Most notably, examining discriminative validity of the YBT-LQ/UQ in children and adolescents is important since these age groups are used for talent selection and scouting . More precisely, the investigation of age−/sex-matched youth in relation to their training status is useful to discriminate high-performer versus low-performer using the YBT-LQ/UQ. Thus, the aim of the present study was to determine discriminative validity of the YBT-LQ (study 1) and the YBT-UQ (study 2) by comparing age- and sex-matched trained versus untrained youth. With reference to the relevant literature [3, 13,14,15], we expected better performances in both tests for trained compared to untrained youth and we hypothesized good discriminative validity for both tests.
Participants’ characteristics are summarized in Table 1. In study 1, 69 male soccer players from a local sports club and 69 age-matched untrained male subjects performed the YBT-LQ. In study 2, 37 female and male swimmers from a local sports club and 37 age−/sex-matched untrained individuals conducted the YBT-UQ. The maturity offset was calculated in terms of years from peak height velocity (PHV) for each participant by using the formula provided by Moore et al. . Participants’ assent and parents’ written informed consent were obtained prior to the start of the study. The Human Ethics Committee at the University of Duisburg-Essen, Faculty of Educational Sciences approved the study protocol.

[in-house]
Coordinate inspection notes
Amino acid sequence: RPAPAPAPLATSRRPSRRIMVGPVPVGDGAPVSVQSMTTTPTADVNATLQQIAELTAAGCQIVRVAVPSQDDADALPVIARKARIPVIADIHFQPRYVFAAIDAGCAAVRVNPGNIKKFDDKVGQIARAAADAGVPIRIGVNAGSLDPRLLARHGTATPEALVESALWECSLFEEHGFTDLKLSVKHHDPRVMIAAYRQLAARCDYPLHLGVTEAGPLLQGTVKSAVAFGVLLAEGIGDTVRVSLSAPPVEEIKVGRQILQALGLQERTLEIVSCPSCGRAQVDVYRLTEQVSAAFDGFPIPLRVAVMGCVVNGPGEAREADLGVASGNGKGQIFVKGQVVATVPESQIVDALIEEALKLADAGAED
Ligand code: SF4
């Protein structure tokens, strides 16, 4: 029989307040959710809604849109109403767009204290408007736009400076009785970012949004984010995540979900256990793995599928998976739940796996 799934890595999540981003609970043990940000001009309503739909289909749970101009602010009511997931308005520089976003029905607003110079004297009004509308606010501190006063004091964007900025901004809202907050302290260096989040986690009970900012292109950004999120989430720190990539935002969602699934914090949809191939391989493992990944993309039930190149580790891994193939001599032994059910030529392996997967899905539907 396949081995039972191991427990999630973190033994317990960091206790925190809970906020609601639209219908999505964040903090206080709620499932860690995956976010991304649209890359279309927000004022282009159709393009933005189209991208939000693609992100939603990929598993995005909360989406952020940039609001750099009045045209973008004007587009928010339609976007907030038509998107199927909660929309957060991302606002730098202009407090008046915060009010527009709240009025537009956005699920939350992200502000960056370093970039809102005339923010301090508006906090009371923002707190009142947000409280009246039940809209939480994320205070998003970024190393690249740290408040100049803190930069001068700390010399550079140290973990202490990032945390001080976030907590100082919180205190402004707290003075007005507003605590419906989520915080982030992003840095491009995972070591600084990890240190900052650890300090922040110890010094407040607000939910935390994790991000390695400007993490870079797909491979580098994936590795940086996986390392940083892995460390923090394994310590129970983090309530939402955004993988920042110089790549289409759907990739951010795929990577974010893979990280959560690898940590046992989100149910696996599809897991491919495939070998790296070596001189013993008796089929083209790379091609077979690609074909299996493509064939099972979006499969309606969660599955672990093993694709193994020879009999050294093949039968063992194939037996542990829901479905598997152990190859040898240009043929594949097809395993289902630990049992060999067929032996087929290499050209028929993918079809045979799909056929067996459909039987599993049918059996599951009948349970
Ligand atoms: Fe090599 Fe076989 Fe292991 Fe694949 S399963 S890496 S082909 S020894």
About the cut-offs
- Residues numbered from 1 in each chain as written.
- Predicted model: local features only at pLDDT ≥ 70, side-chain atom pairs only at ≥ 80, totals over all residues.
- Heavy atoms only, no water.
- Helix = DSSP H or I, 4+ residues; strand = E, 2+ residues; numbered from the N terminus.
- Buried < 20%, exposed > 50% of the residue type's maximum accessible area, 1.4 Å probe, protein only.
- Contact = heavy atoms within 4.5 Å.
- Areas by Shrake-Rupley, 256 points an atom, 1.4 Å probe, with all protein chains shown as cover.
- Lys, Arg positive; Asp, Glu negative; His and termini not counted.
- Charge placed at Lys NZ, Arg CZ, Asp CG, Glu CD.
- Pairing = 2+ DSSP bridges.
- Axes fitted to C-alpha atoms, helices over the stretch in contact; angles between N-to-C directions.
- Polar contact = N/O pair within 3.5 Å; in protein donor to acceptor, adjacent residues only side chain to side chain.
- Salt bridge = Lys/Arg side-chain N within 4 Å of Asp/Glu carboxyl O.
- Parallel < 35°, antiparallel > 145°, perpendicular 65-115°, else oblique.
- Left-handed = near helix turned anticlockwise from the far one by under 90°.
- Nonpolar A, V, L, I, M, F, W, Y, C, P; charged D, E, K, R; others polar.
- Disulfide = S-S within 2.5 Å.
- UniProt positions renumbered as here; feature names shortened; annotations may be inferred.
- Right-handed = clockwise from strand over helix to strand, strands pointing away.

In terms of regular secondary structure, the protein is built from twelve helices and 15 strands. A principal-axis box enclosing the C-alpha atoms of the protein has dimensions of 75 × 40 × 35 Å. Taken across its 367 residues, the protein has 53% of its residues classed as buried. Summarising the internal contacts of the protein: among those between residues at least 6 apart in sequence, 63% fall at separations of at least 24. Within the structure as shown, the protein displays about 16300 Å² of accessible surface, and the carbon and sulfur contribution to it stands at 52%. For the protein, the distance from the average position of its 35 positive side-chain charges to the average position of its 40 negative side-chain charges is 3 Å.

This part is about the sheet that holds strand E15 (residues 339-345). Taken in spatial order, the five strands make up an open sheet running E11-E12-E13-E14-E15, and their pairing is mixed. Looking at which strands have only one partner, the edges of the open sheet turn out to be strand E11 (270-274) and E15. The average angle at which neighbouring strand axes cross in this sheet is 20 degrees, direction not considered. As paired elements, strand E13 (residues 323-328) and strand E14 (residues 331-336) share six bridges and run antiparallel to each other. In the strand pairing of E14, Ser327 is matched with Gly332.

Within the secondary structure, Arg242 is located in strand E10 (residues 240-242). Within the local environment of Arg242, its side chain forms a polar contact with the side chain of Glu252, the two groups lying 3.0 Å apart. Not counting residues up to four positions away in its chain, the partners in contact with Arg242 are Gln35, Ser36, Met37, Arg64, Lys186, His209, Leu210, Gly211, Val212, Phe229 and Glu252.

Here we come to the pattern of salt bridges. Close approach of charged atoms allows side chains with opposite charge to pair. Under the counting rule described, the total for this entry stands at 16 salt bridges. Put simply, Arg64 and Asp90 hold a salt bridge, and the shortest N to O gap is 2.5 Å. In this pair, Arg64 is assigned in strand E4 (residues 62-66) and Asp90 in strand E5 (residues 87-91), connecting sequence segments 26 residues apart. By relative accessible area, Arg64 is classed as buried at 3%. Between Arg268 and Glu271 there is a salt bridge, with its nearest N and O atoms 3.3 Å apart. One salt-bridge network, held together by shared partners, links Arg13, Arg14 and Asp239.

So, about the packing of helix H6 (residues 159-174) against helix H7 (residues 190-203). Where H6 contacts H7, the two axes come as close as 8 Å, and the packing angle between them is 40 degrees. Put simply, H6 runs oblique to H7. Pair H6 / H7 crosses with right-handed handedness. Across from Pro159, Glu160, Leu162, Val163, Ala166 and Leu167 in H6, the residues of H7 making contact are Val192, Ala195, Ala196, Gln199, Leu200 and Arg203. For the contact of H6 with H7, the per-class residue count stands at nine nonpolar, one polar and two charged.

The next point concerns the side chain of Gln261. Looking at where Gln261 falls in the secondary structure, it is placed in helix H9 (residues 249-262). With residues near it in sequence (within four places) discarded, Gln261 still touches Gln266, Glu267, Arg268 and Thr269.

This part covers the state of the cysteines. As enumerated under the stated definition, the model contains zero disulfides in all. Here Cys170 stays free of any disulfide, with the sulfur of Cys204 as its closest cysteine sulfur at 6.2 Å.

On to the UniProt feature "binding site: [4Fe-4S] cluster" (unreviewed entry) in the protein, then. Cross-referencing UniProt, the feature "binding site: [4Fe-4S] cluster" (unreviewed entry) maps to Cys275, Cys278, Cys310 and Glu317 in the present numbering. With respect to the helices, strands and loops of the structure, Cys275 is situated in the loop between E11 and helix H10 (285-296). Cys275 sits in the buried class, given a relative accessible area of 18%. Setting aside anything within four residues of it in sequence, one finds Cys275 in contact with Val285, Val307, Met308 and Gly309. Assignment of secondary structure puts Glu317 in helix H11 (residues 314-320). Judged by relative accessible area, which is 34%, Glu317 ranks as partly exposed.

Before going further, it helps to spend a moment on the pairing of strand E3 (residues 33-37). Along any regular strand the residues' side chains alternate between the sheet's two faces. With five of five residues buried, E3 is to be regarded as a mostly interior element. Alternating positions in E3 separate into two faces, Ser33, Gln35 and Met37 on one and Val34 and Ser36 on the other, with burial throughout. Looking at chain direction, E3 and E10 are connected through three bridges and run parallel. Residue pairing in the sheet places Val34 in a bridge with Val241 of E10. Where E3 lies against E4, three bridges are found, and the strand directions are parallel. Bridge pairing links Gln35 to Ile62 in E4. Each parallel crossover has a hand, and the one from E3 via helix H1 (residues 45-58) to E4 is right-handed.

Discriminative validity of the YBT-LQ and the YBT-UQ was assessed in study 1 and study 2, respectively. In both studies, we used a standardized general warm-up comprising 5 min of running at a moderate speed and a test-specific warm-up consisting of three submaximal reaches per arm/leg and reach direction. All participants received standardized verbal instructions and a visual demonstration regarding the testing procedure that included assessment of anthropometric variables (i.e., body mass, body height, arm length [AL], leg length [LL]) followed by performance assessment in the YBT-LQ (study 1) or YBT-UQ (study 2). The participants had no prior experience with the YBT-LQ/UQ.
Assessment of anthropometric variables